BOULDER, Colo. –
Ihave had the pleasure of serving the University of Colorado at Boulder for 35 years and I continue to be amazed by the social consciousness of our students.
Last week alone, 85 students spent their spring break vacations rebuilding homes in hurricane-ravaged New Orleans, doing conservation work in Utah, working with Native American tribes in Tennessee, fighting hunger and homelessness in Cincinnati, and raising AIDS awareness in San Francisco through CU-Boulder’s Volunteer Resource Center.
Meanwhile, senior Mark Arnoldy is working to develop a fortified peanut butter to help half a million malnourished children in Nepal.
And junior David Hinojosa coordinates a program that teaches English to CU service workers for free and he volunteers with the Student Emergency Medical Services, a group that monitors parties for dangerous and life-threatening over-indulgence.
Indeed, a college education is about more than academics. It’s also about citizenship and contributing to the world in which we live. These students, and 13,000 like them at CU-Boulder, embody our Civic Engagement Mission.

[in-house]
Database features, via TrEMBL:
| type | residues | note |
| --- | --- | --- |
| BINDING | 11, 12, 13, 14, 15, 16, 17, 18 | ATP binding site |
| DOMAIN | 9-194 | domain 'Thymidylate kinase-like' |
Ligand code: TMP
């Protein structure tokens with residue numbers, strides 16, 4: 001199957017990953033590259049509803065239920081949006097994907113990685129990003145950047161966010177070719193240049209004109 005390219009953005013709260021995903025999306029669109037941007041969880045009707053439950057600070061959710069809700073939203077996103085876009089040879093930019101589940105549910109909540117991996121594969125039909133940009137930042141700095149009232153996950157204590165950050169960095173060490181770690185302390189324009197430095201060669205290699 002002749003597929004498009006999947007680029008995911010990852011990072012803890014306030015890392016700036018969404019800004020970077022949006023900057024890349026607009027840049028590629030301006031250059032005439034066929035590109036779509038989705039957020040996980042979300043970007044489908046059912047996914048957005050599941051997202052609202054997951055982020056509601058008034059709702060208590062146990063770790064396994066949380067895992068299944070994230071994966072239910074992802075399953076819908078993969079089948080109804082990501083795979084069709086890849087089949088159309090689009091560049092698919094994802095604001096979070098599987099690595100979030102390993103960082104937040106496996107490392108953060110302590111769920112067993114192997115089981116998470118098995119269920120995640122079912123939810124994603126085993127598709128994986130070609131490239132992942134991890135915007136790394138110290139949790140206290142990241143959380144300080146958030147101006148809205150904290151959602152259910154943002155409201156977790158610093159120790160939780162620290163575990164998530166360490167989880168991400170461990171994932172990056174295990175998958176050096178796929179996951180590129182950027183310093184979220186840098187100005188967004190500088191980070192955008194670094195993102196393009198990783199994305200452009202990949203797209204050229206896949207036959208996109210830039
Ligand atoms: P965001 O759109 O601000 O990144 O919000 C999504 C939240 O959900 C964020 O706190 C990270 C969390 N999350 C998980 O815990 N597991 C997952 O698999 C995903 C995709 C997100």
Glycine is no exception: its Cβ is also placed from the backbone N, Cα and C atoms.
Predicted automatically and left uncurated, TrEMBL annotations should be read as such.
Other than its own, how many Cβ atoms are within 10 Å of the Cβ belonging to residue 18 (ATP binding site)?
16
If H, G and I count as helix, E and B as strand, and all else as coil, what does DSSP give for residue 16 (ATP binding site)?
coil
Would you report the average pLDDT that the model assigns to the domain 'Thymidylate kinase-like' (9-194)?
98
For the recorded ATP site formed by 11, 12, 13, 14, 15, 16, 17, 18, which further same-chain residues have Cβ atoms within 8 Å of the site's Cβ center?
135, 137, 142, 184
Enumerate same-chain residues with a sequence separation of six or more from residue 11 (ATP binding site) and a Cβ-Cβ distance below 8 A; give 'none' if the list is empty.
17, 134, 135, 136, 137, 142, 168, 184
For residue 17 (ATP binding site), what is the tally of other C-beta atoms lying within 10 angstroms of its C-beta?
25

Our goal is to make ethical and civic engagement a defining characteristic of all our students. Our 4-year-old Institute for Ethical and Civic Engagement serves as a catalyst for this effort.
Now we are rapidly gaining a reputation for our service learning and community engagement.
Last year, CU-Boulder was among three schools nationwide to earn a U.S. presidential award for exemplary student community service. Many students continue their service after graduating. This year we rank second in the nation for the number of alumni serving in the Peace Corps.
While students report that they feel like they are making a difference in these communities, they also feel like they are making a difference within themselves, establishing a lifelong ethos of service.
Yes, students are giving back to communities in Boulder and beyond, but they also are receiving educational benefits by being immersed in diverse and unfamiliar environments that enable them to experience and understand social issues.
“Contribution”is one of the seven guiding principles of the Colorado Creed, a 4-year-old student-initiated social code of responsibility that students voluntarily embrace. The word “Contribute” is etched in flagstone in high traffic areas of our campus.
Students are living up to this ethic and responding in myriad ways.
Service learning also lives up to our Flagship 2030 strategic plan ideals of serving community, fulfilling our mission, enhancing education and engaging in customized and experiential learning.
We are broadly recognized as a campus that cares. It is one of the reasons I am proud to be associated with CU-Boulder for more than three decades.
Philip DiStefano is the interim chancellor at the University of Colorado at Boulder.